The subtitle for this in-depth look at the life of theologian and Christian apologist Francis A. Schaeffer¿s son is How I Grew Up As One of the Elect, Helped Found the Religious Right, and Lived to Take All (or Almost All) of It Back.Those familiar with the Schaeffers will also probably be familiar with some of Frank¿s evangelical works which include Addicted to Mediocrity; A Time for Anger; amongst others, as well as the film presentations How Should We Then Live, and Whatever Happened to the Human Race. However, he is also the author of The Calvin Becker Trilogy (Portofino, Zermatt, and Saving Grandma) and Baby Jack, as well as the non-fiction works, Keeping Faith; Faith of Our Sons; and Voices from the Front.As may be discerned when one reads this book, in many respects, Frank is still an ¿angry young man¿, although this time, his anger seems more directed towards himself than at anyone else in particular. This moving memoir takes the reader behind the scenes, so to speak, of the author¿s life with his parents and siblings, friends, co-workers, wife and children, and reveals much more than what the reader might expect. That is to say, in ¿real life¿, the Schaeffers, like many other Christian ¿icons¿ and Frank isn¿t afraid to name some of them--were and are just as human as the rest of us, some of them with even greater foibles than we might want to believe.Frank presents the memoir in four sections: Childhood, Education, Turmoil, and Peace. Although focusing on his own emotional and psychological tribulations, he manages to help the reader understand how people and experiences helped shape who he first became, and why he gradually distanced himself from the evangelical movement, turning instead, to Greek Orthodoxy.Frank is remarkably transparent throughout this book, sharing how more and more alienated he felt in spite of the fact that he and his father were popular evangelical authors and speakers, particularly to fundamentalist churches and organizations crying out to them that they needed to ¿take back America¿. Further, Frank describes his vacillating life as a rebellious young man, a filmmaker and a father, and his eventual journey back to a new prominence as a writer.The book ends on a poignant note: ¿maybe there is a God who forgives, who loves, who knows. I hope so. Anything is possible in world where a daughter forgives her father, for ignorance, for anger, for failure, and places her daughter in his arms.¿ For those interested in a different perspective on Francis and Edith Schaeffer, l'Abri, and the fundamentalist right-wing evangelical movement, as well as the touching story of someone deeply involved in it all, this is a must-read.First Reviewed for TCM Reviews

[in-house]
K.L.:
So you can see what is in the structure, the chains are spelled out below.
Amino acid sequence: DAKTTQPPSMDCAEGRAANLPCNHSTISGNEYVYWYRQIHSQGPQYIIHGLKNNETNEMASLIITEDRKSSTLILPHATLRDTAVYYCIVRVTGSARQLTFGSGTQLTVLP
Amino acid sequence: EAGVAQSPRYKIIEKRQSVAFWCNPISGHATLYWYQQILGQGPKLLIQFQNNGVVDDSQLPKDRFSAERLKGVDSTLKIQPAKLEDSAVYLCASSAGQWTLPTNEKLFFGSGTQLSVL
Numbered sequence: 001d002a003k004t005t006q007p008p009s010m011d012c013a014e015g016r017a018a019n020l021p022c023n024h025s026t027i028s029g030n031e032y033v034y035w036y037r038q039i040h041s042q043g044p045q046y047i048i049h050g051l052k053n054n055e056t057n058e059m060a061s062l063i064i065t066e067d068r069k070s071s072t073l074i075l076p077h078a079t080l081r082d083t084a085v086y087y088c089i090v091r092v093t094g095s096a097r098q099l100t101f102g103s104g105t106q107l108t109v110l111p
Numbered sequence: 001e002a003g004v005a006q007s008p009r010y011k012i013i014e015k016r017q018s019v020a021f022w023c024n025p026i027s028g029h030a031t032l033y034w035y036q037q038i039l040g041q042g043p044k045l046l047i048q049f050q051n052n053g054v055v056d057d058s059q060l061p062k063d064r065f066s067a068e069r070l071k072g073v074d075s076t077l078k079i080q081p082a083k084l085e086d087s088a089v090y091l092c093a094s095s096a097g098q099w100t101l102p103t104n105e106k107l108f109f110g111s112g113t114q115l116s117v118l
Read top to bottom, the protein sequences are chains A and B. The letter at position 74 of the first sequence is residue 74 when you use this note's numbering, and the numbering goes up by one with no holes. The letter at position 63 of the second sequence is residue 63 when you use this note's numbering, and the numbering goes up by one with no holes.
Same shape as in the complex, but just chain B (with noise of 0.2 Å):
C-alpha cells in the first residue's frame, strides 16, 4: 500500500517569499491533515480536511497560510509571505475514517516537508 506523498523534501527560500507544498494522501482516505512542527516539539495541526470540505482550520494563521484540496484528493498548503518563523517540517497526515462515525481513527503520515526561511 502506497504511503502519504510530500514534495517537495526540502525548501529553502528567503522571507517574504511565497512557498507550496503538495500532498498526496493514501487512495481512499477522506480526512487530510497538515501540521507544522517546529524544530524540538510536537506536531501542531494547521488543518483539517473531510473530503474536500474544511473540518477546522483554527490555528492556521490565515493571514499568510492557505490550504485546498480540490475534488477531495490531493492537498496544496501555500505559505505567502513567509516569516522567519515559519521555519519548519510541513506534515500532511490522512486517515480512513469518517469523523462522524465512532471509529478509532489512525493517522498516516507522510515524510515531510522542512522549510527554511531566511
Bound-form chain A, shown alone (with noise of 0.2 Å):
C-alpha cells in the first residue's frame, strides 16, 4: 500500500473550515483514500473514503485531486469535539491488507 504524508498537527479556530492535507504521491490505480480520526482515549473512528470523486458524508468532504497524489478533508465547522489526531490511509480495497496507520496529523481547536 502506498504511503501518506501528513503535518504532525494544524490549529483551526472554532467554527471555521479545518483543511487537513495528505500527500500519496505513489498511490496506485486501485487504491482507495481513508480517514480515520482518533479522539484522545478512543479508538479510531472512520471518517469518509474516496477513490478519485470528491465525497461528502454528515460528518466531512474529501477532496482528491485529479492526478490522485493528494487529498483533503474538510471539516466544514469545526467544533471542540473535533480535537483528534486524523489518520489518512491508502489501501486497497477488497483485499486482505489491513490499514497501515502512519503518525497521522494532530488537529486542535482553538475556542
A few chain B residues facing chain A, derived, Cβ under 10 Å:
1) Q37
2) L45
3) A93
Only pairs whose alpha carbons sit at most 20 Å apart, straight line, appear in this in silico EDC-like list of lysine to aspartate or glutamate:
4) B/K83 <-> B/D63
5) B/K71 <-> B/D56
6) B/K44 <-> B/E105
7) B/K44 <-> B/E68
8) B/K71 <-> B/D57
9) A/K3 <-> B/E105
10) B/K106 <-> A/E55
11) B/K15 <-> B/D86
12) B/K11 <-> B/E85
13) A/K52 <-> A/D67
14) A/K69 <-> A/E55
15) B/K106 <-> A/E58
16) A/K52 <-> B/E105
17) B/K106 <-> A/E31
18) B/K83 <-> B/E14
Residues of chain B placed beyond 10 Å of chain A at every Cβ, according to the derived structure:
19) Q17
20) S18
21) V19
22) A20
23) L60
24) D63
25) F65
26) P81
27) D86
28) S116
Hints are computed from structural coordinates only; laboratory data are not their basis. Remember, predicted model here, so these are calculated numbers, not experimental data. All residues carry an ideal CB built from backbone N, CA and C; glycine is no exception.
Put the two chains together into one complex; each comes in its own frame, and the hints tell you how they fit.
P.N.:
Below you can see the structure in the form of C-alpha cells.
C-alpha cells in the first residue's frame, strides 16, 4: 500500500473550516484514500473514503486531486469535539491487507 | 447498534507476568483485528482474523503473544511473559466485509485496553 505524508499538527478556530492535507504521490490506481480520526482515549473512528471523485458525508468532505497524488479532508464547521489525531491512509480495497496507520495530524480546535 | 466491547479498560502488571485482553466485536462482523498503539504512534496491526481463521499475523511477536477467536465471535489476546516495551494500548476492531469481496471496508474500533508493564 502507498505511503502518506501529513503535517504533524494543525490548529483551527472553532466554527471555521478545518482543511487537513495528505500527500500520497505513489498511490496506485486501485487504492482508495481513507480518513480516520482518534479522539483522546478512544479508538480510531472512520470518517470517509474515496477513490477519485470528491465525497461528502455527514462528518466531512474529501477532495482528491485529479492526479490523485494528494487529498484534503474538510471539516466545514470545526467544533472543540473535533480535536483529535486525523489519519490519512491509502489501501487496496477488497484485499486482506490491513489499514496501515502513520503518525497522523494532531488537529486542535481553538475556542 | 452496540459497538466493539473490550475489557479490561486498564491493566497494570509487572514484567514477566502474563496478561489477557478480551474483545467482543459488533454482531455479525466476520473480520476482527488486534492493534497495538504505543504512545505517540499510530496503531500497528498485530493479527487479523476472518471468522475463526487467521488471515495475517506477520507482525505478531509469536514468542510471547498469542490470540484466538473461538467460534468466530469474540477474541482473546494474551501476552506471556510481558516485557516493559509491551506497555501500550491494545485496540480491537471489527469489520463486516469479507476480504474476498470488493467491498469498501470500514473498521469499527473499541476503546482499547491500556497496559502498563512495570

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Guest More than 1 year ago
This memoir is well-written, but I found my enjoyment hampered by the unlikeable nature of most of the main figures. While this provides evidence that Schaeffer was probably presenting an accurate portrait (not least of himself), it makes it hard to root for any of them.